If you squinted hard enough, you could almost see the Chicago Bears wearing leather skullcaps and heavy cotton rugby jerseys in their 17-3 win over the Carolina Panthers on Sunday. For the second straight week, Chicago turned back the clock and played old-school (like, really, really old-school) football, seemingly forgetting the concept of the forward pass. Instead, the Bears relied on a pair of first-half defensive touchdowns—a fumble-recovery return score and a pick-six, both by rookie safety Eddie Jackson—and four quarters of stout defensive play to upset the Panthers at home.
It seemed like Bears head coach John Fox read my Ringer colleague Kevin Clark’s deep dive into the Jaguars’ quarterback-less strategy and devised a parody game plan in response. The result? One of the wackiest winning-team box scores you could imagine: Rookie signal-caller Mitchell Trubisky attempted just seven passes all day and completed just four of them. Those quirky stat lines made the Bears the first team to win a game with five or fewer completions since the Tim Tebow–led Broncos in 2011 and the first to win with seven or fewer pass attempts since 2006. Chicago’s offense gained just 153 total yards (the fewest yards a winning team has gained since 2015) on 37 offensive plays (only twice in the modern era—the last time coming in 2009—has a team run fewer plays and won). The Bears picked up just five first downs (the lowest first-down total for any team, winner or loser, since 2014, and the first time a team’s won with five or fewer first downs since 2006).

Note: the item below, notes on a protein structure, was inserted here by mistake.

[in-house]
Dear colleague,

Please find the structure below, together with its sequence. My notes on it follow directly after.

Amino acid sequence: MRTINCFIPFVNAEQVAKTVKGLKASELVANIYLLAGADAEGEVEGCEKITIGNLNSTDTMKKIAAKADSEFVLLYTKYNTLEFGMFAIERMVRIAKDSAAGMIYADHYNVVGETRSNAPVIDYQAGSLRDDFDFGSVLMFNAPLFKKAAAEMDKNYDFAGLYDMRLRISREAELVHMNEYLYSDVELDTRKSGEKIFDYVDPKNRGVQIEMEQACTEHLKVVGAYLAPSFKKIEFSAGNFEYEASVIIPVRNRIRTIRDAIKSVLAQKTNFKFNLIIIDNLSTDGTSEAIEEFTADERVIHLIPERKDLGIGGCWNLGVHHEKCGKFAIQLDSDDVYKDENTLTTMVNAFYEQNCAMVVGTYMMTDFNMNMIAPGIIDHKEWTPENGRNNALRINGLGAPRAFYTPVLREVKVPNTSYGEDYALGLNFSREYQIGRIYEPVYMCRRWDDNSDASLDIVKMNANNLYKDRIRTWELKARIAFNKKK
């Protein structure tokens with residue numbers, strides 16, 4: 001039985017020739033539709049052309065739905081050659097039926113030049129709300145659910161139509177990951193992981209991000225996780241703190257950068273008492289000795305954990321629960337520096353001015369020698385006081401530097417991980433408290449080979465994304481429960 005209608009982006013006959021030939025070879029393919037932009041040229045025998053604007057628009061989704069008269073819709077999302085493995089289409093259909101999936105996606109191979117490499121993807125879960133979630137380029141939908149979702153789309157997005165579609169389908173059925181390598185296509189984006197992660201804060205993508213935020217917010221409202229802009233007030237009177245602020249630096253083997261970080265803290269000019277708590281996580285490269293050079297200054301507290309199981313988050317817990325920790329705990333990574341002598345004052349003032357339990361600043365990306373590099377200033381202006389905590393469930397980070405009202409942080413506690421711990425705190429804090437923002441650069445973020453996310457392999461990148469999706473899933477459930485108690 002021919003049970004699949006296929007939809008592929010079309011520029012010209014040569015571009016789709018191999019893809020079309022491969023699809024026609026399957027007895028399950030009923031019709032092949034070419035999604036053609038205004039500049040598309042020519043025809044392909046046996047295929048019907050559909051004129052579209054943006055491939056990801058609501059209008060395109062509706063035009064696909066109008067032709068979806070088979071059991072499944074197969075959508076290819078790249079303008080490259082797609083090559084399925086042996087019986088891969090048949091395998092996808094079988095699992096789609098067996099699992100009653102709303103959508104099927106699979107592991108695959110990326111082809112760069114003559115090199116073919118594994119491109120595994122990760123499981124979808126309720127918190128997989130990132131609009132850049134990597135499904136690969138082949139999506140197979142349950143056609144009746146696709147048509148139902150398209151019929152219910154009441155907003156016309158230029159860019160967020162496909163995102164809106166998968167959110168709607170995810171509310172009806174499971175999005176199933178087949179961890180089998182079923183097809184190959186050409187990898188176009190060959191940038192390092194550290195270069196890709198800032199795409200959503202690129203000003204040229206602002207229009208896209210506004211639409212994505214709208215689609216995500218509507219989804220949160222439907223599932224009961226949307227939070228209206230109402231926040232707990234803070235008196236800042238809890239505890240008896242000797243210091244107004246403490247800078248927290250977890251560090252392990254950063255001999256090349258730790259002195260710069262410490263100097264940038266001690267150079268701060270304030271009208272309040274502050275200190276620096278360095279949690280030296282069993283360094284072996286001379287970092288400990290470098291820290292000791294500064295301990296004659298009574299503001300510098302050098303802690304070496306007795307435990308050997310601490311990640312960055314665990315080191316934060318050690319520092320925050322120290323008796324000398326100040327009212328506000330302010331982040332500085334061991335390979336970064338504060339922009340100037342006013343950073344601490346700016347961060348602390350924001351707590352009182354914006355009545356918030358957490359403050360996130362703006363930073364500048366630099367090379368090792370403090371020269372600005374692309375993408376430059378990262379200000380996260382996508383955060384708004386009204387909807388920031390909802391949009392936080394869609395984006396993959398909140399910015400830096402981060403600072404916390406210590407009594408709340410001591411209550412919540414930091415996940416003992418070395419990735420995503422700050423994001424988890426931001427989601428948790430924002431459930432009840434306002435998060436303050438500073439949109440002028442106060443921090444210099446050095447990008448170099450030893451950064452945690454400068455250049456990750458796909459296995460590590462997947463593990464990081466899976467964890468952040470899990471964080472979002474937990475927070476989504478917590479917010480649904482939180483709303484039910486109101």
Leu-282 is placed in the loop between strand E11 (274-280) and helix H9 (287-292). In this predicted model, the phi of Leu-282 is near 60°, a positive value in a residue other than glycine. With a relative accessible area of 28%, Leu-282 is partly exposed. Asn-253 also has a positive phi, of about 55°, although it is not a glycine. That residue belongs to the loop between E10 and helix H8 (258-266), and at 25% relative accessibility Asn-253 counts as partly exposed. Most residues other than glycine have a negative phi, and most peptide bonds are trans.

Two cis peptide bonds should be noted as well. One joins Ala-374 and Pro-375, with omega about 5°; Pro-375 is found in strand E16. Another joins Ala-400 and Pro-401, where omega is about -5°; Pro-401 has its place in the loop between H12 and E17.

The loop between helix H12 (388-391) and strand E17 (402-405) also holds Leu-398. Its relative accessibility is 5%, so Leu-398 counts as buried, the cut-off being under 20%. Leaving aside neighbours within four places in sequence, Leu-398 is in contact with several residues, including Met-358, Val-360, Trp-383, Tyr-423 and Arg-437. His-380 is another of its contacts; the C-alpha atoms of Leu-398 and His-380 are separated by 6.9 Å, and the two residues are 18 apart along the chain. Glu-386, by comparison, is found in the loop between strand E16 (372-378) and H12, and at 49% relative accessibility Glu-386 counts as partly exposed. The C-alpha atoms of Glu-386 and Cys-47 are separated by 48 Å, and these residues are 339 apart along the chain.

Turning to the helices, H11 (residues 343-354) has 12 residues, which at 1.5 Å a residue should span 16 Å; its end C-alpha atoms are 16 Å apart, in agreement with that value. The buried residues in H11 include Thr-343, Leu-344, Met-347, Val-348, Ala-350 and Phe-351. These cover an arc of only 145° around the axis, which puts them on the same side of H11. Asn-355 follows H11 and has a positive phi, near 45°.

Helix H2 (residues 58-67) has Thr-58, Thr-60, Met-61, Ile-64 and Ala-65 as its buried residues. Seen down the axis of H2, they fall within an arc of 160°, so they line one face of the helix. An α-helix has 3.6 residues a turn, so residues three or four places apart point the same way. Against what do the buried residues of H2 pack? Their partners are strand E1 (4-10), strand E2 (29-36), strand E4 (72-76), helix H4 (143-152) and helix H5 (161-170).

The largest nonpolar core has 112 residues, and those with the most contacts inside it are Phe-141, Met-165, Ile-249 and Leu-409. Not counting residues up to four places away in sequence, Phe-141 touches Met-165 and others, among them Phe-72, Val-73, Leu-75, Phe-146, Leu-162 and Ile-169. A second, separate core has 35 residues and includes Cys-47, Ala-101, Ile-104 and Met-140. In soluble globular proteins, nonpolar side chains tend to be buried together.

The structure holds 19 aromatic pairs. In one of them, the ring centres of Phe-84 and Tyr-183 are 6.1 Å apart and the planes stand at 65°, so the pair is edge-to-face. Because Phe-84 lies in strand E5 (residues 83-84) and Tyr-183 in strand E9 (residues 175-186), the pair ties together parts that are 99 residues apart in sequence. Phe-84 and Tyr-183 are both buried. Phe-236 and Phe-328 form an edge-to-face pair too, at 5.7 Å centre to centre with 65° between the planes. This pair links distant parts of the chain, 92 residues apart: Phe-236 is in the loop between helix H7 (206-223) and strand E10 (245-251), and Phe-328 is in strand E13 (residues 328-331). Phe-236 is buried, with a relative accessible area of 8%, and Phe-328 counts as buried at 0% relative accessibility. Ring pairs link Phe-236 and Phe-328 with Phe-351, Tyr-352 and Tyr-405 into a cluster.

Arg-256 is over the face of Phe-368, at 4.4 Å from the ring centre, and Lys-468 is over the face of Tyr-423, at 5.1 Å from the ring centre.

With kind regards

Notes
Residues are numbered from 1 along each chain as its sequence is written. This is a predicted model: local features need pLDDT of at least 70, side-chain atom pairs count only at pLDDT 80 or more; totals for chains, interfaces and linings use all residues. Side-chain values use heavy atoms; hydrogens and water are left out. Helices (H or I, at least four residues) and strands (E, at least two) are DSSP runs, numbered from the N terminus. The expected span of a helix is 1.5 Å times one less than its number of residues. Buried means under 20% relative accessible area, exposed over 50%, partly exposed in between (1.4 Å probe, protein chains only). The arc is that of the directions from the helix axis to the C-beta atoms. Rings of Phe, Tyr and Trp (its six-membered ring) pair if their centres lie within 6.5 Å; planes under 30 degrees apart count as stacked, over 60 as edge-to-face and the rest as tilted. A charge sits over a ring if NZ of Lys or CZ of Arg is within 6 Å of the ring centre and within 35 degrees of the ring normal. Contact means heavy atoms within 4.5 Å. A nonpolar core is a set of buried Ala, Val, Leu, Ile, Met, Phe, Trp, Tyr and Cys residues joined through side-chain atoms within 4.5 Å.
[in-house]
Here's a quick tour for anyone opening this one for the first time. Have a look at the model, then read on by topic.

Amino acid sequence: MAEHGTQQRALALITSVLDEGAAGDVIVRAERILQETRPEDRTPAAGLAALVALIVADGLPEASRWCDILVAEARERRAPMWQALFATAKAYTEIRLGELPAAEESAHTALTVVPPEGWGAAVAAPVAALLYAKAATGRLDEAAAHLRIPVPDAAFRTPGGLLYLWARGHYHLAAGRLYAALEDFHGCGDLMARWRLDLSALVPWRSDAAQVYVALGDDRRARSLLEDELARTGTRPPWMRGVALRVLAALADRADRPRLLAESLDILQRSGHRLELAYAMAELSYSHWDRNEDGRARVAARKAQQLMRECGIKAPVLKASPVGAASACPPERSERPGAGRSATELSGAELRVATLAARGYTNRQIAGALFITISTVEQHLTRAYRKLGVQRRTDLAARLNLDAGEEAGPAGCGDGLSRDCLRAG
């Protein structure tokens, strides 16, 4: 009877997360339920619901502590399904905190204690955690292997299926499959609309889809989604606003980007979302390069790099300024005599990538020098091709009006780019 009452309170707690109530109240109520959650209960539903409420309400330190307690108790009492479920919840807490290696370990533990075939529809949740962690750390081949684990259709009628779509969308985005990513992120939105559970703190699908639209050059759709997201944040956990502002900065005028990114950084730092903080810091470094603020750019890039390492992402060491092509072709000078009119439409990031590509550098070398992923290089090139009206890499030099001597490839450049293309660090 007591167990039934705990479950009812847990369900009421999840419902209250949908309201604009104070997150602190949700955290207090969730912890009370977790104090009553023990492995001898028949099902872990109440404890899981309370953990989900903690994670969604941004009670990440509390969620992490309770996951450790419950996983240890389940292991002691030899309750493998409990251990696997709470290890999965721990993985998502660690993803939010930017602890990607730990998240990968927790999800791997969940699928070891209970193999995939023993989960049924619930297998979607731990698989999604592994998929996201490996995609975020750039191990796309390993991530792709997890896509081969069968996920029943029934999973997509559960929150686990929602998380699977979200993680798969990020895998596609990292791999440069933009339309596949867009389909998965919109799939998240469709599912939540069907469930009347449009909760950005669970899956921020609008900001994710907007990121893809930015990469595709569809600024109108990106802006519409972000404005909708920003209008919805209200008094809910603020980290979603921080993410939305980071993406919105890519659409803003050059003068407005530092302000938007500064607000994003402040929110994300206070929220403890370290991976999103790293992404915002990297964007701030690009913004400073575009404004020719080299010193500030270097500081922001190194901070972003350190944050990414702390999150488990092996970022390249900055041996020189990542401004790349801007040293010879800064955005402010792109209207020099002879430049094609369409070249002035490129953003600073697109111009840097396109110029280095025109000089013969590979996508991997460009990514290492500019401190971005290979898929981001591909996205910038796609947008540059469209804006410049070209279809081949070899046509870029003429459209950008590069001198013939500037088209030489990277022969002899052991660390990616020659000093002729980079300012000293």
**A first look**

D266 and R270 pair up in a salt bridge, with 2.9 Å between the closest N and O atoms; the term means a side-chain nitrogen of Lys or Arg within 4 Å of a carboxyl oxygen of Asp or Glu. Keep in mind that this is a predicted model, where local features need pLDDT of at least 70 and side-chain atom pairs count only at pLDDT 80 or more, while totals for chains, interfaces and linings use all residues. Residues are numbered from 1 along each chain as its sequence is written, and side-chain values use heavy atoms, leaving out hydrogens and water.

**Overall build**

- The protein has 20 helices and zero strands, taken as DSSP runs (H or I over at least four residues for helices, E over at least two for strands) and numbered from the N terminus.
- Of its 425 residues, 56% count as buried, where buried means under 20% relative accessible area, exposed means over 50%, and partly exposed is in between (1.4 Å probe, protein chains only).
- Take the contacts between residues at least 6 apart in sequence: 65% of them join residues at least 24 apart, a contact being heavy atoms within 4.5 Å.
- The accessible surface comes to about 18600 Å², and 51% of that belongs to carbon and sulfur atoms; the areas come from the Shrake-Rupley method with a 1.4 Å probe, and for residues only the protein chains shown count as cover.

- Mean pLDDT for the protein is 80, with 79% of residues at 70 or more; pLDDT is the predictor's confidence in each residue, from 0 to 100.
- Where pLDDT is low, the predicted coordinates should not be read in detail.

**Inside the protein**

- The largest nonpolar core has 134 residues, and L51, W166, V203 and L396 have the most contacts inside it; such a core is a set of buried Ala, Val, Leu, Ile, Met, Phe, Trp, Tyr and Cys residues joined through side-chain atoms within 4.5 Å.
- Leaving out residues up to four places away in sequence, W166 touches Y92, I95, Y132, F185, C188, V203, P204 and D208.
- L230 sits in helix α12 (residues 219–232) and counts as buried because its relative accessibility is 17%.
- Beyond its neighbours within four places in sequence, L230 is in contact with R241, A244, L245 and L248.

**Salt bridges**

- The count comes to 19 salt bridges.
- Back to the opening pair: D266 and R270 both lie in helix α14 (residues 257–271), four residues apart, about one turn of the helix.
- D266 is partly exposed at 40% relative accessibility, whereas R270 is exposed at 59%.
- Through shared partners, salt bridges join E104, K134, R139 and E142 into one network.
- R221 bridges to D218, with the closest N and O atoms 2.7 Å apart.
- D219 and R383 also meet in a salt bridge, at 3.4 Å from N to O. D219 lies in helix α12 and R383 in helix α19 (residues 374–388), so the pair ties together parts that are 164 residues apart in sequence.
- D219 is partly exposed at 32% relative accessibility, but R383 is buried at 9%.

Basically, all Fox asked Trubisky and his offense to do was not turn the ball over. The offense managed to avoid interceptions and fumbles, and Chicago’s defense took care of the rest, limiting the Panthers to just a second-quarter field goal. The Bears sacked Cam Newton five times, knocked down six of his passes, intercepted him twice, and recovered a fumble en route to an easy win. It didn’t matter that the Chicago offense went three-and-out on five of its six second-half possessions.
Of course, the Bears’ winning formula probably shouldn’t be too surprising, especially if you watched their 27-24 win over the Ravens last Sunday. In two straight wins, Trubisky completed a total of 12 passes: Last week, he connected on eight throws, including one touchdown, and the ground game carried the rest of the offensive load, picking up 231 yards on 54 rushes. It helped to get trick-play touchdown pass out of running back Tarik Cohen and a 90-yard interception return from safety Adrian Amos, too.
Is this a consistent winning strategy? No, probably not. The Bears can’t rely on defensive touchdowns week in and week out in the long term, so they’re probably going to need to get a little bit more out of their rookie signal-caller going forward—maybe they should shoot for 10-plus completions a game—if they want to contend for a playoff spot in a wide-open NFC North. But we can expect the team to keep leaning on its run game and swarming defense while Trubisky learns the ropes of the pro game.